1. I have gone through The various affidavits and the explanation of the Magistrate who is trying the different cases, Unfortunately the cases have assumed a communal aspect as the dispute is between Hindus and Mahomedans. I well realize that in such a case the class to which the Magistrate belongs raises a suspicion in the opposite class, and, therefore, in cases of transfer where communal interests are involved a transfer should be granted with considerable hesitation. In the present case, however, I am afraid that the trying Magistrate has shown a certain amount of irritation and behaved in a way which would give legitimate cause to the Mahomedans to think that they would not receive justice in his Court. As I have often stated from this Bench, the matter is not to be decided in the abstract whether a certain Magistrate would deal with a matter impartially or not. The question always would be whether through some error or unfortunate accident the Magistrate has behaved in a way to give legitimate ground for fear to one party or the other. In this case such legitimate ground does exist. First of all certain Mahomedans were prosecuted by the police out of several against whom a complaint was made by the Hindus. When others were not prosecuted a complaint was made in Court and the Magistrate without holding any inquiry under Section 202, Criminal P.C., promptly ordered all the Mahomedans to be prosecuted at the same time. It is true that the complaint was made prior to the result of the police inquiry. Even so, when the favourable result of the police inquiry was available to some of the Mahomedans it would have been better if the Magistrate had waited until the completion of the inquiry in the case sent up by the police before ordering the prosecution of men whose prosecution was not desired by the police. A certain amount of confusion must arise and the defence must be prejudiced when the police case is mixed up with the case put forward by a partial complainant. It is rightly pointed out on behalf of those who are prosecuted by the police that by the complainant spreading wide his net to include all the Mahomedans, the persons prosecuted by the police have been deprived of defence witnesses because those who were prosecuted on the private complaint were the witnesses for those prosecuted by the police.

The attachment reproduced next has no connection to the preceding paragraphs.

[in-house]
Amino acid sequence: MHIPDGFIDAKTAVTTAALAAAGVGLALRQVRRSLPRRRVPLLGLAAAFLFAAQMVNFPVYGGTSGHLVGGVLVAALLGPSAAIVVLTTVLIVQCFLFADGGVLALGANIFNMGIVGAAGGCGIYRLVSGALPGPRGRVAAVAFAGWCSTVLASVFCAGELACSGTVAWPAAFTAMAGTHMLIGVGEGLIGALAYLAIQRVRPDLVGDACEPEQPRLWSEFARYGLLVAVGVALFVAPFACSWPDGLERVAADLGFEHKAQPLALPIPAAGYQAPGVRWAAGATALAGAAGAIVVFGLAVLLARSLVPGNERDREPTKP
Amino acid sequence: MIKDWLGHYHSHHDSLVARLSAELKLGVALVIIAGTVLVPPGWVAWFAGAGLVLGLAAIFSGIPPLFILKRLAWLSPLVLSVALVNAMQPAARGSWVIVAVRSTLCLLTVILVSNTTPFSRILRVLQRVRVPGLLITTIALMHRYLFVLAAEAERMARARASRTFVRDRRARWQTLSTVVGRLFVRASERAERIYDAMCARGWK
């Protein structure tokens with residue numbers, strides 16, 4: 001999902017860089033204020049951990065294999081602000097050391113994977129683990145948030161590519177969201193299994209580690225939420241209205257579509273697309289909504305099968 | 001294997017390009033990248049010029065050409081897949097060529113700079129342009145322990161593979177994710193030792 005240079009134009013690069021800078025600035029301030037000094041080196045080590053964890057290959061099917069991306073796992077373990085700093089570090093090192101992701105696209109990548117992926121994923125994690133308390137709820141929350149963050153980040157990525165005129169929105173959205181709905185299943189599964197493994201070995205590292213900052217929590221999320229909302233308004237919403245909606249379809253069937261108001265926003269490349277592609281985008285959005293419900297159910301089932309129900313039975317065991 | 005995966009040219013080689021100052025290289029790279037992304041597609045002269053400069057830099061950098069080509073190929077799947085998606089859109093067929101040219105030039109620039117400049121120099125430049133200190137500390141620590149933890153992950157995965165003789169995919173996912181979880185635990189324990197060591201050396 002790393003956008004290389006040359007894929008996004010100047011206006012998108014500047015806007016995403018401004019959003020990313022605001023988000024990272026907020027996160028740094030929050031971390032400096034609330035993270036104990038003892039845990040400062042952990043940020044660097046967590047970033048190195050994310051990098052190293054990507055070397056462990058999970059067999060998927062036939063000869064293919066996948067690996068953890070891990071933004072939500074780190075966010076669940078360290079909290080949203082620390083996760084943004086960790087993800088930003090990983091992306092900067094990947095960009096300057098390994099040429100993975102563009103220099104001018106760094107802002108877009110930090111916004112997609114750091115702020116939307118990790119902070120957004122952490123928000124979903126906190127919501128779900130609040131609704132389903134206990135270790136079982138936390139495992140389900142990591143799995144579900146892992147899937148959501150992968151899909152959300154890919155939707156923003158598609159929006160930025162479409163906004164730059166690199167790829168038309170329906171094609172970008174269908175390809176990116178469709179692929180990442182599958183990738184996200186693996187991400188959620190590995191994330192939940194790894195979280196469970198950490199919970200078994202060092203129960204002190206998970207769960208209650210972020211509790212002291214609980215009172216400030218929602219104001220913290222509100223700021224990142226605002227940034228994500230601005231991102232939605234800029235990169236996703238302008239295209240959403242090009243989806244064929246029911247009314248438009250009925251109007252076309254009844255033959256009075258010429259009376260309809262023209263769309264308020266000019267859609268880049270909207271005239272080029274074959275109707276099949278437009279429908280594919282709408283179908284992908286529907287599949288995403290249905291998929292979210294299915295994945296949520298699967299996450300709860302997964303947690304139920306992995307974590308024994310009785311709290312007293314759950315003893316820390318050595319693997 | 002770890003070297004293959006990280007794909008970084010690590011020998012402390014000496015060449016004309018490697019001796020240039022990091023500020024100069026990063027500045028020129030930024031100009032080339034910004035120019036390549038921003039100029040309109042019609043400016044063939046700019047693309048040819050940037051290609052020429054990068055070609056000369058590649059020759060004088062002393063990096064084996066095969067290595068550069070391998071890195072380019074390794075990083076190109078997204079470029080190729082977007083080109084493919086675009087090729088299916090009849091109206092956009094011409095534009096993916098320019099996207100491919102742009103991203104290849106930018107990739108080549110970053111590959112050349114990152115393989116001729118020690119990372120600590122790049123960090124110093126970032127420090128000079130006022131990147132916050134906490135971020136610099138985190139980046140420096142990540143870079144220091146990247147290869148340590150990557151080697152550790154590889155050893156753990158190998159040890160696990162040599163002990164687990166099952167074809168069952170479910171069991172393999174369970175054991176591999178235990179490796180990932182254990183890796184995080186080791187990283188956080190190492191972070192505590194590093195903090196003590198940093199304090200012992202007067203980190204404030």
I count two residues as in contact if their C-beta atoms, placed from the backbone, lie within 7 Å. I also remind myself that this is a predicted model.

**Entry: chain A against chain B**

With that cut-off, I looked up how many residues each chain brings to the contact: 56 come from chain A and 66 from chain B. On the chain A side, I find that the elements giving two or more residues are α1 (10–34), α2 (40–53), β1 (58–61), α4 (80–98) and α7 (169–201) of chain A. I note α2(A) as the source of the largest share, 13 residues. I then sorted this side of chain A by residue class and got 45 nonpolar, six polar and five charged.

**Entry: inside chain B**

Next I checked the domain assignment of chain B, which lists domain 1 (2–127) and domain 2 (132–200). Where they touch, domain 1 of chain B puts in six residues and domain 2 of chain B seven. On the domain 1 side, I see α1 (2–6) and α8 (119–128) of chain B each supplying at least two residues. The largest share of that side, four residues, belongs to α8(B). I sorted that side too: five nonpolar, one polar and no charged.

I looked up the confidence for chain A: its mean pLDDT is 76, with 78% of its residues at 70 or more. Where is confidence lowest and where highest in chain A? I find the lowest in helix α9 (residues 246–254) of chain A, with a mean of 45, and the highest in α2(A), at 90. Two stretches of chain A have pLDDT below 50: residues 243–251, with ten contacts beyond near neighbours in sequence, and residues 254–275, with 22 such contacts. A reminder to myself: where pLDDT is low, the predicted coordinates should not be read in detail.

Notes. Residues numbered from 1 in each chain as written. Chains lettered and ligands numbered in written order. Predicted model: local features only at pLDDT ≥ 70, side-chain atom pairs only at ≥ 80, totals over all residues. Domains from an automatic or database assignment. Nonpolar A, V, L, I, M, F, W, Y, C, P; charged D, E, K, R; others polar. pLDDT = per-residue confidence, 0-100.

2. Secondly, the Magistrate has passed a most extraordinary order on the prayer of the Mahomedan accused for a copy of the statements of witnesses recorded by the police. Under Section 162, Criminal P.C., a witness who was examined by the police and whose statement was recorded by the police may be cross-examined if in Court he makes a statement in conflict with the statement made by him before the police. The Magistrate has a curious idea that the person to be contradicted is the police officer who recorded the statement and not the witness who made conflicting statements. He even goes to the length of informing the public that such is the law 'as it exists' meaning thereby that the law was different previously. As is usual with Magistrates, I am certain that a copy of the Code of Criminal Procedure was not bandy for this Magistrate to refer to, and he never read the provisions of that section before recording this most amazing order.